National Public Gardens Day

National Public Garden Day is a holiday observed annually on the second Friday of May. It celebrates public gardens and encourages people to get out and enjoy them. What exactly is considered a public garden? According to The American Public Gardens Association (APGA), a public garden is an institution that maintains collections of plants for the public’s education and enjoyment.

These include botanical gardens, zoological gardens, sculpture gardens, college and university campuses, natural areas, urban greening organizations, parks maintained by every level of government, and even some cemeteries. They are public spaces where people can commune with nature, learn more about plants, or learn more about history.

The History of National Public Gardens Day

This holiday grew out of National Public Gardens Week—a celebration of public gardens launched by the American Public Gardens Association in 2009. The purpose of this holiday is to increase the public’s awareness of the importance of public gardens to education, the preservation of green spaces, and plant and water conservation.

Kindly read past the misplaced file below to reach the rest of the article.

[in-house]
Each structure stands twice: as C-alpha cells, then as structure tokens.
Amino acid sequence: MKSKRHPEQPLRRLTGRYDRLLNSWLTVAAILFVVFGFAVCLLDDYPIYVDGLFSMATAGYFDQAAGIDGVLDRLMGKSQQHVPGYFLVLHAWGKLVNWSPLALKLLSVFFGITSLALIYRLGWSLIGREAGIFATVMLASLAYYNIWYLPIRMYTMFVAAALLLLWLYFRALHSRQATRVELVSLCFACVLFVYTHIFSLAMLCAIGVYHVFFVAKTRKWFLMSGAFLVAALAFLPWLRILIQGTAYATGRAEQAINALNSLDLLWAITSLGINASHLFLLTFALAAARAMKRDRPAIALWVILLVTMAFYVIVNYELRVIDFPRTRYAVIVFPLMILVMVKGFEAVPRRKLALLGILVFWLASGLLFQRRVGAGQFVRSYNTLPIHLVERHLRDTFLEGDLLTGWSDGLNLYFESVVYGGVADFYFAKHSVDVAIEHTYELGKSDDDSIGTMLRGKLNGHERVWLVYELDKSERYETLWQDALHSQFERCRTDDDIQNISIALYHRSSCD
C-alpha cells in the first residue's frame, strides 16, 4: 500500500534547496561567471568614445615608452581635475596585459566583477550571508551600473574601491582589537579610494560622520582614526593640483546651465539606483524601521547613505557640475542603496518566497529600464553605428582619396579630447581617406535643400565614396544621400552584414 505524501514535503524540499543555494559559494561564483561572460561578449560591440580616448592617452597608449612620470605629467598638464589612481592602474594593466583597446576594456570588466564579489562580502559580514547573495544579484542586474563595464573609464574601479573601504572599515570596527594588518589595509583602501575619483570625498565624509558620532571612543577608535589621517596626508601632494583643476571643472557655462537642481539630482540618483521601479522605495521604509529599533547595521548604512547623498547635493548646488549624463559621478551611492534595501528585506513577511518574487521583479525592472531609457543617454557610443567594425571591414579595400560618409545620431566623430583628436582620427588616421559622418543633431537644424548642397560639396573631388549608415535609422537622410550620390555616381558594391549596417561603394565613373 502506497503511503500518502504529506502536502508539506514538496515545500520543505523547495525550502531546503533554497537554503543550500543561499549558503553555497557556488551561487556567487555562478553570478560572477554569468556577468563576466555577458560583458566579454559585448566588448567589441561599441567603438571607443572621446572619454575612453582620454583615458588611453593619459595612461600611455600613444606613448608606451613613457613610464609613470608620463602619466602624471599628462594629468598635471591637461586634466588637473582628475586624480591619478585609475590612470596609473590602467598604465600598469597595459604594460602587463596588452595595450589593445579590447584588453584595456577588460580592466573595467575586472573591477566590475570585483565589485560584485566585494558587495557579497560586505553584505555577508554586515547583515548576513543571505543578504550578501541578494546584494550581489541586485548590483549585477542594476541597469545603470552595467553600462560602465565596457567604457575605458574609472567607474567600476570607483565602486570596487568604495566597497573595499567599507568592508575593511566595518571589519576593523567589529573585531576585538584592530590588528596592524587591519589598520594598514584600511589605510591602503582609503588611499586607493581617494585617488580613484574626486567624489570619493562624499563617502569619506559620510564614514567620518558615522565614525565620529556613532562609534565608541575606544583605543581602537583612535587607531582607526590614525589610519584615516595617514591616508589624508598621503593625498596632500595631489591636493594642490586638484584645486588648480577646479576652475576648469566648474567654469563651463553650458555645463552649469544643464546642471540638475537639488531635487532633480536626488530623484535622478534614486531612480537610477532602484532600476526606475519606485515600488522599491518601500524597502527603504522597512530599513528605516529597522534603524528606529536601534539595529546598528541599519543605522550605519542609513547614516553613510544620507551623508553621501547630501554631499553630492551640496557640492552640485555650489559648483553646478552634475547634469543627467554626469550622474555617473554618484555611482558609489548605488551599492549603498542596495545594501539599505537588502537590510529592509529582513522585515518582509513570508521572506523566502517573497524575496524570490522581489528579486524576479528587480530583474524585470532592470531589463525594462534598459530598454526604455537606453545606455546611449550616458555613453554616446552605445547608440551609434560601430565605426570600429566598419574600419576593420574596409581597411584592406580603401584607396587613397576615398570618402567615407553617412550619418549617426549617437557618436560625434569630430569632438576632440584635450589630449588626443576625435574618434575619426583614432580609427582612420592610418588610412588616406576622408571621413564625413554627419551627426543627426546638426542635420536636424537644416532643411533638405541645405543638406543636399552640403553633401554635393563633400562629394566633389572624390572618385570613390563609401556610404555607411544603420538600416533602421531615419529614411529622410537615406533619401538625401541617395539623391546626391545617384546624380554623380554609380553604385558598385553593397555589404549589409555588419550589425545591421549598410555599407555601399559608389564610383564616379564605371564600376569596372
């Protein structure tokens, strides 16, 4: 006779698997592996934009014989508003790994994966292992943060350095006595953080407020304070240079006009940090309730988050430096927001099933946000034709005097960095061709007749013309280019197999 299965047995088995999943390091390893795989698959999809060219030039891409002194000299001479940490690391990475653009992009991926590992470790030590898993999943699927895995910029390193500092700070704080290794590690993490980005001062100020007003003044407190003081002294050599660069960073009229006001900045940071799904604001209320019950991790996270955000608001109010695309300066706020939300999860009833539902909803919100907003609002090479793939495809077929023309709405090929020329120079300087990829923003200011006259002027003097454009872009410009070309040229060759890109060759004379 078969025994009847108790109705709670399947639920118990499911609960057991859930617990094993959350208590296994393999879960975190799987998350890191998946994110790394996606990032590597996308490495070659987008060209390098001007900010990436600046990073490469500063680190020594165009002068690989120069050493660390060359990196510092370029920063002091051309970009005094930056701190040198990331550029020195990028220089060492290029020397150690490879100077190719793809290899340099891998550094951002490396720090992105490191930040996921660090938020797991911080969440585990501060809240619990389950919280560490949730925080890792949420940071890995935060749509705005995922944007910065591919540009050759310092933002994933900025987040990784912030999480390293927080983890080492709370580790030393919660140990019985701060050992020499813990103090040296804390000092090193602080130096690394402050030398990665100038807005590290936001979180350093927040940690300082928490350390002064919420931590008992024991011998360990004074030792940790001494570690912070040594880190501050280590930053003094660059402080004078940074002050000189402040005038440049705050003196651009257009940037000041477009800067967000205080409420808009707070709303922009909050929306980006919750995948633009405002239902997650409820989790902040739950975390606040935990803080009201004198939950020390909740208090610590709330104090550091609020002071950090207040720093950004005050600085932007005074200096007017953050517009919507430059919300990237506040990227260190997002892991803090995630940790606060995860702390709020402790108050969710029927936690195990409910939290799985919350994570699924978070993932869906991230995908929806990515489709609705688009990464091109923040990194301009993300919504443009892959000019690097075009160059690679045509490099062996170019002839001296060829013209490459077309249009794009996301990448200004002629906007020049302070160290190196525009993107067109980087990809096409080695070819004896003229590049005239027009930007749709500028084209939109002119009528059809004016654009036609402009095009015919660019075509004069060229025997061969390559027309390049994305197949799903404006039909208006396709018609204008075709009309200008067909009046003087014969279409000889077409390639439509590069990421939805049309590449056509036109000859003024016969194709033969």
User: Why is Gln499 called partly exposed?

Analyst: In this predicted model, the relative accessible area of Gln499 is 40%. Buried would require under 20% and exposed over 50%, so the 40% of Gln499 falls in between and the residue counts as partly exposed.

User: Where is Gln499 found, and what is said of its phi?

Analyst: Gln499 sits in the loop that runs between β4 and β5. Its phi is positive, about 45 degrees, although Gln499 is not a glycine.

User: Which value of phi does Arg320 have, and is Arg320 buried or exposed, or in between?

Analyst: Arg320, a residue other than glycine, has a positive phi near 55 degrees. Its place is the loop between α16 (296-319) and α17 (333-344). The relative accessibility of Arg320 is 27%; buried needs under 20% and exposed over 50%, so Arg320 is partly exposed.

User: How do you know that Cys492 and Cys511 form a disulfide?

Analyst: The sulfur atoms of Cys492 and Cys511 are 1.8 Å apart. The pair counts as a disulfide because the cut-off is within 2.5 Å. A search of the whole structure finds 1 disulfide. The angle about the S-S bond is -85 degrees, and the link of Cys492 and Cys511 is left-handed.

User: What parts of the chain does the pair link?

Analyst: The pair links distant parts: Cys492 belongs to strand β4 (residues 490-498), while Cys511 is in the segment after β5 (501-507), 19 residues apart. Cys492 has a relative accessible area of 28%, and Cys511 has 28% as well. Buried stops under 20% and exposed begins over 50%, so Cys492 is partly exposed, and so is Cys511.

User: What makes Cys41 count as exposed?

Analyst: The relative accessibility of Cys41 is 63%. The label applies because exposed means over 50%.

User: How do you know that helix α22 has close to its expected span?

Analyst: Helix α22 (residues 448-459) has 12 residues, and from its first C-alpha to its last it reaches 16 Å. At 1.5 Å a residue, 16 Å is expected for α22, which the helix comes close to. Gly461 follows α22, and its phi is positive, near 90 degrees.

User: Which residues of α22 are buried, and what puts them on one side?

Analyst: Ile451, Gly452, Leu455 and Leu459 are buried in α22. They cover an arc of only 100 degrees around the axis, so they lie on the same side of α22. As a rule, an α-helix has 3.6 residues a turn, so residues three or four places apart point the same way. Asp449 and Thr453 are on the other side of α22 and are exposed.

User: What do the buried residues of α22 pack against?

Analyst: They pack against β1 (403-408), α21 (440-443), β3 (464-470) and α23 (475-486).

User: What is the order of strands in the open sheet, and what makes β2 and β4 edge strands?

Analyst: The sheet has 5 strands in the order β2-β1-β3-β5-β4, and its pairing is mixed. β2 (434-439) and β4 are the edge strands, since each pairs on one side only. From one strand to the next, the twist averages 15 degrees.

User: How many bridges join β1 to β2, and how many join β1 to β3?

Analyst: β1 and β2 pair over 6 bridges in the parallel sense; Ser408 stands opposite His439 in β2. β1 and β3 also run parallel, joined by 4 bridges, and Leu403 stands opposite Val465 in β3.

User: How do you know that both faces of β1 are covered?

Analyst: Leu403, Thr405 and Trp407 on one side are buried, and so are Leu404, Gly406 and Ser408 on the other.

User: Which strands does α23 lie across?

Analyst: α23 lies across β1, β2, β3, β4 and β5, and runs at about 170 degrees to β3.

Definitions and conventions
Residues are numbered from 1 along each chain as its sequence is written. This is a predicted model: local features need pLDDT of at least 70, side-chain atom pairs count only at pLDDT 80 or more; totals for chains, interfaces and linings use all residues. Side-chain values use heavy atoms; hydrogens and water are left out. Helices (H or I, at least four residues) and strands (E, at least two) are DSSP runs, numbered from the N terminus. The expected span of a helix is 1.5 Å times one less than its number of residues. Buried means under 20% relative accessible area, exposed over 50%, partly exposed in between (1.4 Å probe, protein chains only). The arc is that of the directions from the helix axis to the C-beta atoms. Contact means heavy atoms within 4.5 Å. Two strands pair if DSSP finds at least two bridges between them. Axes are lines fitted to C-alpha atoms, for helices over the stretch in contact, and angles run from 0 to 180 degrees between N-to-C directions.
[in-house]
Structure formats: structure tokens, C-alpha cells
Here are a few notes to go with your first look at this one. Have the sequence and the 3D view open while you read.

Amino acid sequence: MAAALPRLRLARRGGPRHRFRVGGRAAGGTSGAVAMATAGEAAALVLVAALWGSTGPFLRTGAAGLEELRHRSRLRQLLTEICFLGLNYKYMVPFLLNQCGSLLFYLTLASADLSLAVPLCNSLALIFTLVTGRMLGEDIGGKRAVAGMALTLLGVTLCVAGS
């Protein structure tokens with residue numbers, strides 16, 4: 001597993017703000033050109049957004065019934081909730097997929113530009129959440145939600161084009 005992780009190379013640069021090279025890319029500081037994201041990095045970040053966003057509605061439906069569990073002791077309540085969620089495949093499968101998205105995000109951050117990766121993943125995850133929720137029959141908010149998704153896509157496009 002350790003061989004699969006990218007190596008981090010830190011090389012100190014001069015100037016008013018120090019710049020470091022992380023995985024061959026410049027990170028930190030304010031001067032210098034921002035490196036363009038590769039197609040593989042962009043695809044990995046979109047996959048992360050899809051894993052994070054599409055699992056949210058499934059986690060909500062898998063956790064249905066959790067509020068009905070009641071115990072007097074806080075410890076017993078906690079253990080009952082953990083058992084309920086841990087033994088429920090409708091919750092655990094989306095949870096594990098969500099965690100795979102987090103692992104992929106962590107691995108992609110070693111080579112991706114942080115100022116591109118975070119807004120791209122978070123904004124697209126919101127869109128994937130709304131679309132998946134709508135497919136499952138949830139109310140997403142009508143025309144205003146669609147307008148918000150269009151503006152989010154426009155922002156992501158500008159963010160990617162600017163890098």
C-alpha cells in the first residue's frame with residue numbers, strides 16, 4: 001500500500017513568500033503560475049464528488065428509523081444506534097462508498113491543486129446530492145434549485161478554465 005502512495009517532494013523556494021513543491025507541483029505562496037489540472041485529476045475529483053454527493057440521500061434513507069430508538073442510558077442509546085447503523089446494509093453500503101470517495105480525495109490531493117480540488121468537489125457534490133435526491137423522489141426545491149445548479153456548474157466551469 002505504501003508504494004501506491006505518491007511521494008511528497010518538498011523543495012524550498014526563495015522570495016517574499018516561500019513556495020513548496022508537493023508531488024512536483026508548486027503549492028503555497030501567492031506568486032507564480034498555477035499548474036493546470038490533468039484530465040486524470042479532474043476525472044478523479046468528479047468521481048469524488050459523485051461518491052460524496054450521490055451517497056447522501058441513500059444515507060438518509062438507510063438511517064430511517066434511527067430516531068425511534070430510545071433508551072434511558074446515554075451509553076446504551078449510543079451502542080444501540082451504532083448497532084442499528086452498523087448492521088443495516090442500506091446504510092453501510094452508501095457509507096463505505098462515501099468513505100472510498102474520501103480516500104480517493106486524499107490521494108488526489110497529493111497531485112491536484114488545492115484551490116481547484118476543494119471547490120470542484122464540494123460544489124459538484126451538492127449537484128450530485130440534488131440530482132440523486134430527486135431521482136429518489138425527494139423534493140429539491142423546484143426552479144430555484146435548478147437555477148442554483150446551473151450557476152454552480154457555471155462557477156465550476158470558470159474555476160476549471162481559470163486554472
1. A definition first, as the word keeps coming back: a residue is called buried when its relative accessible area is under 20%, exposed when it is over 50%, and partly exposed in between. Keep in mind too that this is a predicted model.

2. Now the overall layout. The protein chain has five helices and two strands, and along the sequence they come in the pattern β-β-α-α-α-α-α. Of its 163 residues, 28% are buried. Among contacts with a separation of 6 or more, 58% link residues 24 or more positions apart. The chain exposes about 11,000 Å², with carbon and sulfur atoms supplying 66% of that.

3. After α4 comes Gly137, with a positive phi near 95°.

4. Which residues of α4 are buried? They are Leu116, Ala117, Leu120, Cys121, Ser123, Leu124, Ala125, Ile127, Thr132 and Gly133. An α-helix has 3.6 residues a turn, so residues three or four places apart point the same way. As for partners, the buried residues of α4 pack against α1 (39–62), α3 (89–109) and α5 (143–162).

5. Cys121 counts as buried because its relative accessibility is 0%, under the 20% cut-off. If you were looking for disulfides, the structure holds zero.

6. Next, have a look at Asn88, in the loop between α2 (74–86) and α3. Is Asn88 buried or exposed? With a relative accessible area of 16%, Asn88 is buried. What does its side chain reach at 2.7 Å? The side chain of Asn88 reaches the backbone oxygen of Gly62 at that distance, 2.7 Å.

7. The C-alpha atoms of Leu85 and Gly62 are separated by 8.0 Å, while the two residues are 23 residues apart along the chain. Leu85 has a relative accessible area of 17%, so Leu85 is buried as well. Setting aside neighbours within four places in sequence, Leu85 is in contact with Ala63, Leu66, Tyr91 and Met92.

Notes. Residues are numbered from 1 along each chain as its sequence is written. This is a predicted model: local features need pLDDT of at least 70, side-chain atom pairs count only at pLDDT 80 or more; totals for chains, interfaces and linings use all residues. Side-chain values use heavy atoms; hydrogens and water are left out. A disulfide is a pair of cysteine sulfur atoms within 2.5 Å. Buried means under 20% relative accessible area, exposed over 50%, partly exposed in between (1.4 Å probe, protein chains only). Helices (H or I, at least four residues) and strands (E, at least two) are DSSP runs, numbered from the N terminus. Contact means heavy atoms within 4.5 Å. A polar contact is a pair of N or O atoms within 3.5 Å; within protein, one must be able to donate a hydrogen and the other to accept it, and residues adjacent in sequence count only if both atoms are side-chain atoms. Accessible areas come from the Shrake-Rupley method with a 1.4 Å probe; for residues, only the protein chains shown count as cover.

Now, organizations all across the U.S. celebrate this holiday, including research facilities, botanical gardens, zoos, arboreta, and display gardens.

Facts About Public Gardens

We’re not going to miss the opportunity to pass on some great trivia about America’s public gardens that we learned during our research for this holiday. We did quite a bit of research for this holiday and found out some facts that everyone can appreciate. Let’s check them out and see what we can learn, shall we?

  • One of the oldest botanical gardens in the U.S. is the Missouri Botanical Garden, founded in 1859 by Henry Shaw.
  • The Missouri Botanical Garden is close to another historic park: Tower Grove Park, which opened in 1872 and is the largest and best-preserved 19th-century Gardenesque city park in the U.S.
  • Other historic botanical gardens include the U.S. Botanic Garden (opened in 1850) and the Magnolia Plantation & Gardens (opened in 1870).
  • Middleton Place, a Charleston rice plantation from the 18th century, is home to one of the oldest landscaped gardens in the U.S.
  • The Japanese Tea Garden inside San Francisco’s Golden Gate Park is the oldest public Japanese garden in the U.S.

Observing National Public Gardens Day

This holiday is easy enough for most people to observe and is also deeply gratifying. Public gardens all over the world need our support, and the best way we can provide it is by showing up. It is also a good idea for people to spread the news about this holiday using the hashtag #NationalPublicGardensDay online.

When is it?
This year (2024)
May 10 Friday
Next year (2025)
May 9 Friday
Last year (2023)
May 12 Friday
Nature & Environment